Bytecode Visualizer

Inspect, understand and debug Java bytecode, no matter if you have the corresponding source.

Sourcecode Visualizer

Draws a control flow graph alongside of Java source code.

Control Flow Graph Factory

Eclipse plugin for generating, editing and exporting control flow graphs.

Visualizing classes as they appear in a running JVM

Note: This feature is experimental!

In addition to displaying class files from file system and JARs (which is the default option), Bytecode Visualizer is also able to visualize classes as they are loaded in a running Java Virtual Machine (JVM).

This preference may be set under

Window > Preferences > Dr. Garbage > Bytecode Visualizer > General

preferences screenshot

This may be important in situations when a class loaded in a running JVM differs from its file system counterpart. There are several motivations why this may be done:

  • Code optimization
  • Logging and tracing
  • Profiling (performance analysis)
  • Obfuscation

And there are several ways how this can be accomplished:

  • -Xrun<module>[:<options>] This option dynamically loads a library module
  • Custom class loader
  • JVMTI or the older JVMPI

No matter how and why a class was changed after its compilation, Bytecode Visualizer is able to display its actual appearance within a running JVM. To achieve this, Bytecode Visualizer uses Java Debug Interface (JDI).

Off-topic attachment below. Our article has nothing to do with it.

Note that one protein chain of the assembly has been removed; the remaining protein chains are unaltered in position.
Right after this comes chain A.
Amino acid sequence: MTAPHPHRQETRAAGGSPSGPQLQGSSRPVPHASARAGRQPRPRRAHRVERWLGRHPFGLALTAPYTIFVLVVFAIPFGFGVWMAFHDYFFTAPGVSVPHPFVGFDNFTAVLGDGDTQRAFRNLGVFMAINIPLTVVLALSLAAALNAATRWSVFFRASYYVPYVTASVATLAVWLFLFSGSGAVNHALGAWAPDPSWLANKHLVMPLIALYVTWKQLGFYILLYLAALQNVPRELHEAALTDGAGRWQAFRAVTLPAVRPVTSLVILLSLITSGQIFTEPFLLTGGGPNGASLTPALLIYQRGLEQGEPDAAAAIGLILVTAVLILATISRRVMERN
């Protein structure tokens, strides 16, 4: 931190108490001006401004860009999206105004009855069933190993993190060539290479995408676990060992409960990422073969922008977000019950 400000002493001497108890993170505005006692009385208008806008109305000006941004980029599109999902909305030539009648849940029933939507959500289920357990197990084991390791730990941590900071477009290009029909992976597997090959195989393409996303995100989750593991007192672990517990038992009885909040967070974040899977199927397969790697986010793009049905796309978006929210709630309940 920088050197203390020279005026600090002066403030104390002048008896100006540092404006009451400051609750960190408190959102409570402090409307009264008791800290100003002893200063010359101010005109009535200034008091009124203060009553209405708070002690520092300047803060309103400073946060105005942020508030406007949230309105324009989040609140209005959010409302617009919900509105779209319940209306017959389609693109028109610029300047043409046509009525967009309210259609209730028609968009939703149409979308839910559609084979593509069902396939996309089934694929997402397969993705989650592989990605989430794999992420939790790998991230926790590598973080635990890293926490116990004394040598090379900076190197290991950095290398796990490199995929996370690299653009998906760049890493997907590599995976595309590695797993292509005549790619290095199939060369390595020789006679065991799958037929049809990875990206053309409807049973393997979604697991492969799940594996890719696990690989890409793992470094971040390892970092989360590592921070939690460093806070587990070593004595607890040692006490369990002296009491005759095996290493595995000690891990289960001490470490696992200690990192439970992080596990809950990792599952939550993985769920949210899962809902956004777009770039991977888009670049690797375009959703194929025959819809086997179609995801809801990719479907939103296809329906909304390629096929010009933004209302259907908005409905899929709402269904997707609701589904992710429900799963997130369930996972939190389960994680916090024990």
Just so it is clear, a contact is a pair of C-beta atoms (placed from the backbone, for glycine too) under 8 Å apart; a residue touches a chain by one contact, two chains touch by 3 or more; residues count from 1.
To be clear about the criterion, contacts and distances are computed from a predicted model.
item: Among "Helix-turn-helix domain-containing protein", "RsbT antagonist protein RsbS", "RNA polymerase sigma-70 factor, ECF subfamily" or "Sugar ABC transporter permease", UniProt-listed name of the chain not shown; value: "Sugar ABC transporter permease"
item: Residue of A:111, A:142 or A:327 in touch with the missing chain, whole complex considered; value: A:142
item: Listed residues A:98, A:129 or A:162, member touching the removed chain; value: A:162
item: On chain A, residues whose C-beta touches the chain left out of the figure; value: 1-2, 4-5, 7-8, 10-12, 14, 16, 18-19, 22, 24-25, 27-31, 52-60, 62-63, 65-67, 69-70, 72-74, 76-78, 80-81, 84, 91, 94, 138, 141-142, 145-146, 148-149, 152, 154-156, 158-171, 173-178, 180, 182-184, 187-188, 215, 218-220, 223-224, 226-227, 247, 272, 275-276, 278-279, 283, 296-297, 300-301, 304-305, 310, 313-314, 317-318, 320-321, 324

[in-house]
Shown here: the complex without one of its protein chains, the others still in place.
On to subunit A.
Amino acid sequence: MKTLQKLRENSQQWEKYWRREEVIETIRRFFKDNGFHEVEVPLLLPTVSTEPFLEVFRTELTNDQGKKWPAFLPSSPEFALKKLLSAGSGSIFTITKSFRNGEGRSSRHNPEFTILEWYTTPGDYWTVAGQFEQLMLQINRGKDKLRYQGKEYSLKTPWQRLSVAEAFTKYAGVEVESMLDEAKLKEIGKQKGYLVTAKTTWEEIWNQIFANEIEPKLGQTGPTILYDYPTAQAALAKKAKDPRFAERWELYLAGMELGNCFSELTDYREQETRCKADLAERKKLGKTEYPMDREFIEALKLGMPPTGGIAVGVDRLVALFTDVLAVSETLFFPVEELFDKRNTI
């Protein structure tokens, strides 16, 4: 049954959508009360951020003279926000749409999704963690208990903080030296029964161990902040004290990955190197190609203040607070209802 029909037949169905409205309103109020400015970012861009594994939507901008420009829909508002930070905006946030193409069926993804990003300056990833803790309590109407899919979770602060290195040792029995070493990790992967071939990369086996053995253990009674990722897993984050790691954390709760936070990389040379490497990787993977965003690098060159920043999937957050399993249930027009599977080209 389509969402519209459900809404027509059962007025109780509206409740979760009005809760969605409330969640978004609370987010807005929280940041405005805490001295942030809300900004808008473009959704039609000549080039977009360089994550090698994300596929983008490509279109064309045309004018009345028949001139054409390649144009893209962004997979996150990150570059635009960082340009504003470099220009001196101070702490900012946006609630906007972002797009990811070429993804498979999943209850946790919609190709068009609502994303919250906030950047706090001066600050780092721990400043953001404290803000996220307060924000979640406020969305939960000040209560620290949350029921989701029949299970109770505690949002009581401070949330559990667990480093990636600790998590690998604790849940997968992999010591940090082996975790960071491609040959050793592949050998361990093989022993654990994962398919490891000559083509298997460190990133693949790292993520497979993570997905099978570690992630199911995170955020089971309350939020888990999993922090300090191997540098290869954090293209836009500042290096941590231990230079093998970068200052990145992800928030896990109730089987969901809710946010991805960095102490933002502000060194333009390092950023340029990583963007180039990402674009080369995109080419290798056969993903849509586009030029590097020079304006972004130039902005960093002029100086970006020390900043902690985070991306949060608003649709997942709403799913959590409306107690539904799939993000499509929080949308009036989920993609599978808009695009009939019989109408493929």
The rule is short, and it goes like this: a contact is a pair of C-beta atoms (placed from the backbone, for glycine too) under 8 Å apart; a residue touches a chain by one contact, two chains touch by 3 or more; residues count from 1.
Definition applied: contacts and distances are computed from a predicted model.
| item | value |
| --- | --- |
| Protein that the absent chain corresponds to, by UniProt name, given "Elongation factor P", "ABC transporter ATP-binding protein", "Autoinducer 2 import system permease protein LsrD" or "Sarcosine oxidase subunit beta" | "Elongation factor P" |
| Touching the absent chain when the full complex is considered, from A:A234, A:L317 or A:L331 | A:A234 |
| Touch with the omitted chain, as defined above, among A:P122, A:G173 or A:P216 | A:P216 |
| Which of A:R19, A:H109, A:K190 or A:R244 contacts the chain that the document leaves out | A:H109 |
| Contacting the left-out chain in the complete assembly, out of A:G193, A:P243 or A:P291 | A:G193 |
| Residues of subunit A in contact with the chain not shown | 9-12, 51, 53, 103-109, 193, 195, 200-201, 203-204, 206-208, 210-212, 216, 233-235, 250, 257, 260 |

In the following, some limitations of JDI are addressed.

JDI vs. filesystem

  • Some information cannot be accessed over JDI: Attributes, Exceptions in signatures
  • Retrieving a class over JDI is only possible, when the given class has already been loaded into the JVM. If you are trying to view a class which has not been loaded yet, Bytecode Visualizer falls back to retrieving it from the file system. From where the class has actually been retrieved can be seen in the header of Bytecode Visualizer. The same holds for inner types: Only those ones can be listed which were already loaded.
  • Eclipse does not reopen the viewer if there is one already showing the given class. If the code of the given class has been changed inbetween, you will not see the actual state.

Capabilities of distinct JDI and JVM versions

JDI capabilities of Bytecode Visualizer can be used when you run Eclipse with Java 5 or Java 6. Dr. Garbage strongly recommends using Java 6. If you are - for some reason - forced to run Bytecode Visualizer with Java 5, you will have to do without some information:

  • Class file format version
  • Constant pool

Other limitations

Bytecode Visualizer is currently not able to display classes which do not have any counterpart in the build path of an Eclipse project. This holds e.g. for synthetic classes which are completely generated at runtime. We are working on a fix. Betatesters with real world class-generation scenarios are welcome - please contact us.

The current release includes the export funtion for synthetic classes. For more information see the topic: Debugging classes generated at run time